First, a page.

A woman named Montina Woods also sued Kelly, alleging that he videotaped them having sex without her knowledge. The recording was allegedly circulated on an R Kelly "sex tape" sold by bootleggers under the title R Kelly Triple-X.
The star settled both cases out of court, paying an undisclosed sum in return for a non-disclosure agreement.
June 2002: Charged over child pornography
The star is charged with 21 counts of making child pornography, involving intercourse, oral sex, urination, and other sexual acts.
Chicago police accused him of videotaping each of these acts and enticing a minor to participate in them. All of the charges related to one girl, born in September 1984.
His arrest stemmed from a video which was sent anonymously to the Chicago Sun Times earlier in the year. They passed it on to police, who verified the authenticity of the tape with help from FBI forensics experts.
Kelly, who posted $750,000 bail, immediately denied the charges in an interview with MTV and later pleaded not guilty in court.
It took six years for the case to come to trial, during which time Kelly released his wildly successful Trapped In The Closet album; and was nominated for an Image Award by the NAACP (National Association for the Advancement of Colored People), prompting widespread criticism.
The jury eventually concluded that they could not conclusively prove that the girl on the tape was a minor, and Kelly was found not guilty on all counts.
2002 – 2004: Arrest prompts further charges
Kelly is charged with a further 12 counts of making child pornography in Florida, where he was arrested at his holiday home.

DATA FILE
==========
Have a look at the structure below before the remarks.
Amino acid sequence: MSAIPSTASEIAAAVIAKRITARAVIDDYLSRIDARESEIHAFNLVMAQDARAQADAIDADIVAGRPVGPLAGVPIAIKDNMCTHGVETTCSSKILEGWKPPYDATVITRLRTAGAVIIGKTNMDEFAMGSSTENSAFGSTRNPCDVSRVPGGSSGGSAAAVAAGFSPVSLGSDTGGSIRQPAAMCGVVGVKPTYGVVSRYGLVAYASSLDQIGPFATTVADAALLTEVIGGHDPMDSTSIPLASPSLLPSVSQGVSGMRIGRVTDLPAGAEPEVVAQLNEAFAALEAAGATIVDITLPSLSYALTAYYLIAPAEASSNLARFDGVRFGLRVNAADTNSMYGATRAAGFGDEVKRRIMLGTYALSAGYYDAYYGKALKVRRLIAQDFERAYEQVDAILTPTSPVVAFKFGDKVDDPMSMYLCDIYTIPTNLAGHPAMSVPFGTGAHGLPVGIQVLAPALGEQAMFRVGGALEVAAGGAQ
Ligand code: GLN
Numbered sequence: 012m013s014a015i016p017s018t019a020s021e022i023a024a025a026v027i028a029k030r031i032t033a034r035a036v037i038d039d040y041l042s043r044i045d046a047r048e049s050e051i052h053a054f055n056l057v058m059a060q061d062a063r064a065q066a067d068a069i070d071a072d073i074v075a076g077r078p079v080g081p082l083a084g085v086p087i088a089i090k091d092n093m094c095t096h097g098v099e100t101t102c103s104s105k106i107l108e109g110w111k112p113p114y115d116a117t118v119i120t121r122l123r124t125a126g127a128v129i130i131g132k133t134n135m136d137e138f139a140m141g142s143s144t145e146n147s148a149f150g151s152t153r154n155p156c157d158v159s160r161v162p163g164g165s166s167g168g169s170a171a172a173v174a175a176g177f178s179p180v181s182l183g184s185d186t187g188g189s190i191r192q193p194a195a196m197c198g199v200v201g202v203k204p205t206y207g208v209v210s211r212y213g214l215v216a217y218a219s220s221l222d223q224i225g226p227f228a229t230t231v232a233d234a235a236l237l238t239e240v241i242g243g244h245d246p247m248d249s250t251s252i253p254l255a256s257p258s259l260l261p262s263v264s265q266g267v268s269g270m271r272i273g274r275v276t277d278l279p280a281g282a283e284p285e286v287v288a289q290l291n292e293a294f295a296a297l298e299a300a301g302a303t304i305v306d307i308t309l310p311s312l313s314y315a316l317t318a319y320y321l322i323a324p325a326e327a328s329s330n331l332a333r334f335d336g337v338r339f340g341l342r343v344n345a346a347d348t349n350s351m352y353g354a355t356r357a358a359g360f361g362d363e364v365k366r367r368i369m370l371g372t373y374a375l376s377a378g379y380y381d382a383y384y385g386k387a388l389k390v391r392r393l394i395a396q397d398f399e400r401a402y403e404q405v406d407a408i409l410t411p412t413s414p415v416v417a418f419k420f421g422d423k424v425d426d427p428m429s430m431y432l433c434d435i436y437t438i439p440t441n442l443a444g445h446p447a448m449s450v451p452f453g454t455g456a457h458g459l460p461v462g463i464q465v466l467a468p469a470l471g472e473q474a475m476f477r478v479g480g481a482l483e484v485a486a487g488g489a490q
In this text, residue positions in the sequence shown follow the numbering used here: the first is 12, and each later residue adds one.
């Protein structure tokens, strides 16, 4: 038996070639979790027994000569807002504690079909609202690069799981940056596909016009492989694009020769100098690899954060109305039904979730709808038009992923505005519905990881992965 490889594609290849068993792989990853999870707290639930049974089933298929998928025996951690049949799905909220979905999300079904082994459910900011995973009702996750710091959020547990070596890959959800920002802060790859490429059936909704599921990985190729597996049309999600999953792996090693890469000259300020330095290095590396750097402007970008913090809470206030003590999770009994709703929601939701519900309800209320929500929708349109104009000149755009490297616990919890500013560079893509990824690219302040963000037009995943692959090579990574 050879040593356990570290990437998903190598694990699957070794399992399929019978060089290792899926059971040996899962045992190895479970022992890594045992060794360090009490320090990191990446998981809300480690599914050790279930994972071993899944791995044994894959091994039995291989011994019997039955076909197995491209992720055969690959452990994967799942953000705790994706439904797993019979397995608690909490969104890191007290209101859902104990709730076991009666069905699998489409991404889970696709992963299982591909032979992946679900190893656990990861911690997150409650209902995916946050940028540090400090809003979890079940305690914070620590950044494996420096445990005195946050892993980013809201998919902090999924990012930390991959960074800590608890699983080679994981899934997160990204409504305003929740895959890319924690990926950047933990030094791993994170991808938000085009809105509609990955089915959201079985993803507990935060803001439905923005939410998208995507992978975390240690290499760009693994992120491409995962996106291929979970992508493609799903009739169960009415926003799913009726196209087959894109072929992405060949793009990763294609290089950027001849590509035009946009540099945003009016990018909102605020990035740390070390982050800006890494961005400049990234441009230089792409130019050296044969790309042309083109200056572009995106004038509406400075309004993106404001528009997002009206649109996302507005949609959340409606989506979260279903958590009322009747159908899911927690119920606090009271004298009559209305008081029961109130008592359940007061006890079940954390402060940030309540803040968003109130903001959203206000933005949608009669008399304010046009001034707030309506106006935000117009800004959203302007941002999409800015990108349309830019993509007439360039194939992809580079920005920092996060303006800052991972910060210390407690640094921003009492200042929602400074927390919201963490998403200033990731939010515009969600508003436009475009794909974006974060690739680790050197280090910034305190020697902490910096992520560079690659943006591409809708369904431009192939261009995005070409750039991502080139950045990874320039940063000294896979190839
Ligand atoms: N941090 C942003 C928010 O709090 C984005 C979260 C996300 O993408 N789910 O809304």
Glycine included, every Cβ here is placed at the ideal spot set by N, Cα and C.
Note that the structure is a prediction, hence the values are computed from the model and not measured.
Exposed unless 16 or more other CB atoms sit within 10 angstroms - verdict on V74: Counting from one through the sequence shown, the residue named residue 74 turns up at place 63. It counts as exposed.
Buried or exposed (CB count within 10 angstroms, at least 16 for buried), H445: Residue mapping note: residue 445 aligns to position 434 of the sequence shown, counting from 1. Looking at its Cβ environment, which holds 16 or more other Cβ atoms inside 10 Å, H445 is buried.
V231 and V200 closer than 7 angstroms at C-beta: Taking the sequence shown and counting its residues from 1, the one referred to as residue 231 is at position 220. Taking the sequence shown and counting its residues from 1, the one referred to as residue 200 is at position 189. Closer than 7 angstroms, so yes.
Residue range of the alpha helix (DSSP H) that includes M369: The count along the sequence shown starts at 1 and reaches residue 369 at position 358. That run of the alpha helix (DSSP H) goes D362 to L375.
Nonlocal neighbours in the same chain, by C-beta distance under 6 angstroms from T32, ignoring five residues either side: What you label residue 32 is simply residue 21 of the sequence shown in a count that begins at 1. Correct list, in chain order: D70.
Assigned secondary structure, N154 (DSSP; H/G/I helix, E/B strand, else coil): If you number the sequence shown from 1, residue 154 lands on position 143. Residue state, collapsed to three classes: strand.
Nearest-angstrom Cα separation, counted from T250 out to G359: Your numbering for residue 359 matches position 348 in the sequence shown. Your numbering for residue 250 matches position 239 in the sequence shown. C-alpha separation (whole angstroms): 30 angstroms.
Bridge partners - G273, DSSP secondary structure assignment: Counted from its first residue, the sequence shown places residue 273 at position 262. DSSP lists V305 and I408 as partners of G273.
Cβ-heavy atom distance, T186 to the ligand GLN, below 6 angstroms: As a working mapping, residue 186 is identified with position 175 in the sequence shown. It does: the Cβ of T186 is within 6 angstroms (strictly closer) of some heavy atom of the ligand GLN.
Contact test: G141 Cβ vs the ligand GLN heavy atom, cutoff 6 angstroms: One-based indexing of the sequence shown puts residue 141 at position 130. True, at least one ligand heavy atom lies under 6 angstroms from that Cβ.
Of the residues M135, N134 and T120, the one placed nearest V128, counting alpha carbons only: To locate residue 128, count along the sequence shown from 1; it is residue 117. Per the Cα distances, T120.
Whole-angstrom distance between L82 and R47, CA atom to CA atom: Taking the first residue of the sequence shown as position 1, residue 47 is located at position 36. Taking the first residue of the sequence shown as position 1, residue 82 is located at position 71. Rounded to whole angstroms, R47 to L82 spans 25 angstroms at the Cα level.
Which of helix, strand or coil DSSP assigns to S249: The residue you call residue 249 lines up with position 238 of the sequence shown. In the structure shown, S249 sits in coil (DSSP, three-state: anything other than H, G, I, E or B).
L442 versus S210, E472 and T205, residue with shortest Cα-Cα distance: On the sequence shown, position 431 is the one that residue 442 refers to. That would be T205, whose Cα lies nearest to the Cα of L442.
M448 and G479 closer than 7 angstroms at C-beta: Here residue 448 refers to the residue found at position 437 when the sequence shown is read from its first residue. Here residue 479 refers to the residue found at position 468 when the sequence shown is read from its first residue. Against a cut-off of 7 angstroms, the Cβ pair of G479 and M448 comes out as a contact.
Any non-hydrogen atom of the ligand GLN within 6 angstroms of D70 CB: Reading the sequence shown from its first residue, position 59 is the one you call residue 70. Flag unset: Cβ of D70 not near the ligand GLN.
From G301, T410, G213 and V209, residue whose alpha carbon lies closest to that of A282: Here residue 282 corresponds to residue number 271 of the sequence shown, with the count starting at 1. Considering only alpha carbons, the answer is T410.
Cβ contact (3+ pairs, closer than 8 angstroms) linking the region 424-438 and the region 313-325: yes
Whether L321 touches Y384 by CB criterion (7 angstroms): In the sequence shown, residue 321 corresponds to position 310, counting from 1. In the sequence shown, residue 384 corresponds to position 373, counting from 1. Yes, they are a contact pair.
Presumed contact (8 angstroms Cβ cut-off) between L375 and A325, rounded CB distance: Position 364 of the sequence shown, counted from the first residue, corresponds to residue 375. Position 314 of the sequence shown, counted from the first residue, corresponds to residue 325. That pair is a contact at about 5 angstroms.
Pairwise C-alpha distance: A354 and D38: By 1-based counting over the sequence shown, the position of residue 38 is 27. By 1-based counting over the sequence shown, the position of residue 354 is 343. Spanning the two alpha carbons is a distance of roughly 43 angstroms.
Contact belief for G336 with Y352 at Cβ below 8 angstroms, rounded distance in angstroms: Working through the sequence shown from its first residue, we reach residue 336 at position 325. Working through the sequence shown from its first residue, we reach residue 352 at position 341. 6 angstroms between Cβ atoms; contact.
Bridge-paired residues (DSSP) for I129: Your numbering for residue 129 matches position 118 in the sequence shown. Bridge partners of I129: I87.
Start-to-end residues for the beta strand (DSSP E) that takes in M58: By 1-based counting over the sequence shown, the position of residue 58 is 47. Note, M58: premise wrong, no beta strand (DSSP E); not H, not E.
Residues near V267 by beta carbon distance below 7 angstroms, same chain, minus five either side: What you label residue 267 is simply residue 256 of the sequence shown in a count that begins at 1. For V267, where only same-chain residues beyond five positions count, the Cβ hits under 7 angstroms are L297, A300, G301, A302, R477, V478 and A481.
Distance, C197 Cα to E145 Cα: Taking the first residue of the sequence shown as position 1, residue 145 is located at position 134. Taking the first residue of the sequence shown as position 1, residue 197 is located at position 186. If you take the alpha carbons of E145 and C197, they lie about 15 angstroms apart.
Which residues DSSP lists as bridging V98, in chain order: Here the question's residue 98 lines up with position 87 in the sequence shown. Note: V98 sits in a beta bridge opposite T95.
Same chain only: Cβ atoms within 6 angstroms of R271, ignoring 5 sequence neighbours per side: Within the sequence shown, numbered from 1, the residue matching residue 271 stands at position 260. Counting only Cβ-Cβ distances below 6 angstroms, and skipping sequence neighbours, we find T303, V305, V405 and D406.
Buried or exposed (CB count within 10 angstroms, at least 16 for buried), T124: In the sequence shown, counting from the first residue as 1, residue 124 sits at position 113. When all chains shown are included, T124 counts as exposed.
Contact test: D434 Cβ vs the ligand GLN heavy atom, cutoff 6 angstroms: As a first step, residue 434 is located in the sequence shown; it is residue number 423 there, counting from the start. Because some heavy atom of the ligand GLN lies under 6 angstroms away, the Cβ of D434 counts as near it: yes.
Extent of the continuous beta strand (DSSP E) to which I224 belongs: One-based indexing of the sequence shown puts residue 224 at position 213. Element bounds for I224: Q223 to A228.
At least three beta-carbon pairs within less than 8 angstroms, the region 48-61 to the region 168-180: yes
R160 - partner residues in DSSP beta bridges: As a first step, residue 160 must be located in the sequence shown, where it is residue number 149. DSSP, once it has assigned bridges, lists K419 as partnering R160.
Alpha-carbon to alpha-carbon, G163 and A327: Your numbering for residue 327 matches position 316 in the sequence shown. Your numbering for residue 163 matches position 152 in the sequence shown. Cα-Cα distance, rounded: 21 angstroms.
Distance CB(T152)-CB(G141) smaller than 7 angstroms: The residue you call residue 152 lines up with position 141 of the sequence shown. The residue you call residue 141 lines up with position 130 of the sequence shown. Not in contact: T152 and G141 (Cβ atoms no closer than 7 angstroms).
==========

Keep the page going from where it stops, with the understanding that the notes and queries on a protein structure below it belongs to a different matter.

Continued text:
These charges came after police seized a camera during the arrest, which allegedly showed the star having sex with an underage girl.
The charges were dropped when a judge agreed with Kelly’s defence team that police lacked sufficient evidence to justify a search.
2017: Allegations of a "cult"
Buzzfeed reports that Kelly lures young women into his inner circle and keeps them against their will inside his homes in a "cult-like" atmosphere.
The story says six women are being held in the star’s properties, where he controls all aspects of their lives.
Buzzfeed also interviewed three former members of Kelly’s inner circle, and reports the singer controls every aspect of the women’s lives: dictating "what they eat, how they dress, when they bathe, when they sleep, and how they engage in sexual encounters that he records".
The superstar also confiscates the women’s cell phones, the report says, barring contact with friends and family. He gives them new phones that they are only allowed to use to contact him or others with his permission.
The story was written by Jim DeRogatis, who has covered the allegations against R Kelly for two decades, principally for the Chicago Sun Times.
All of the women cited in his article are of legal age; and one has denied accusations that she is being held against her will.
"I’m not being brainwashed or anything like that," said 21-year-old Joycelyn Savage in a video call to TMZ. However, she would not reveal where she was speaking from, nor the nature of her relationship with Kelly.
R Kelly’s lawyer, Linda Mensch, has also issued a strongly-worded denial of the accusations.
"Mr Robert Kelly is both alarmed and disturbed at the recent revelations attributed to him," the statement said.
"Mr Kelly unequivocally denies such allegations and will work diligently and forcibly to pursue his accusers and clear his name."
R Kelly – BBC Music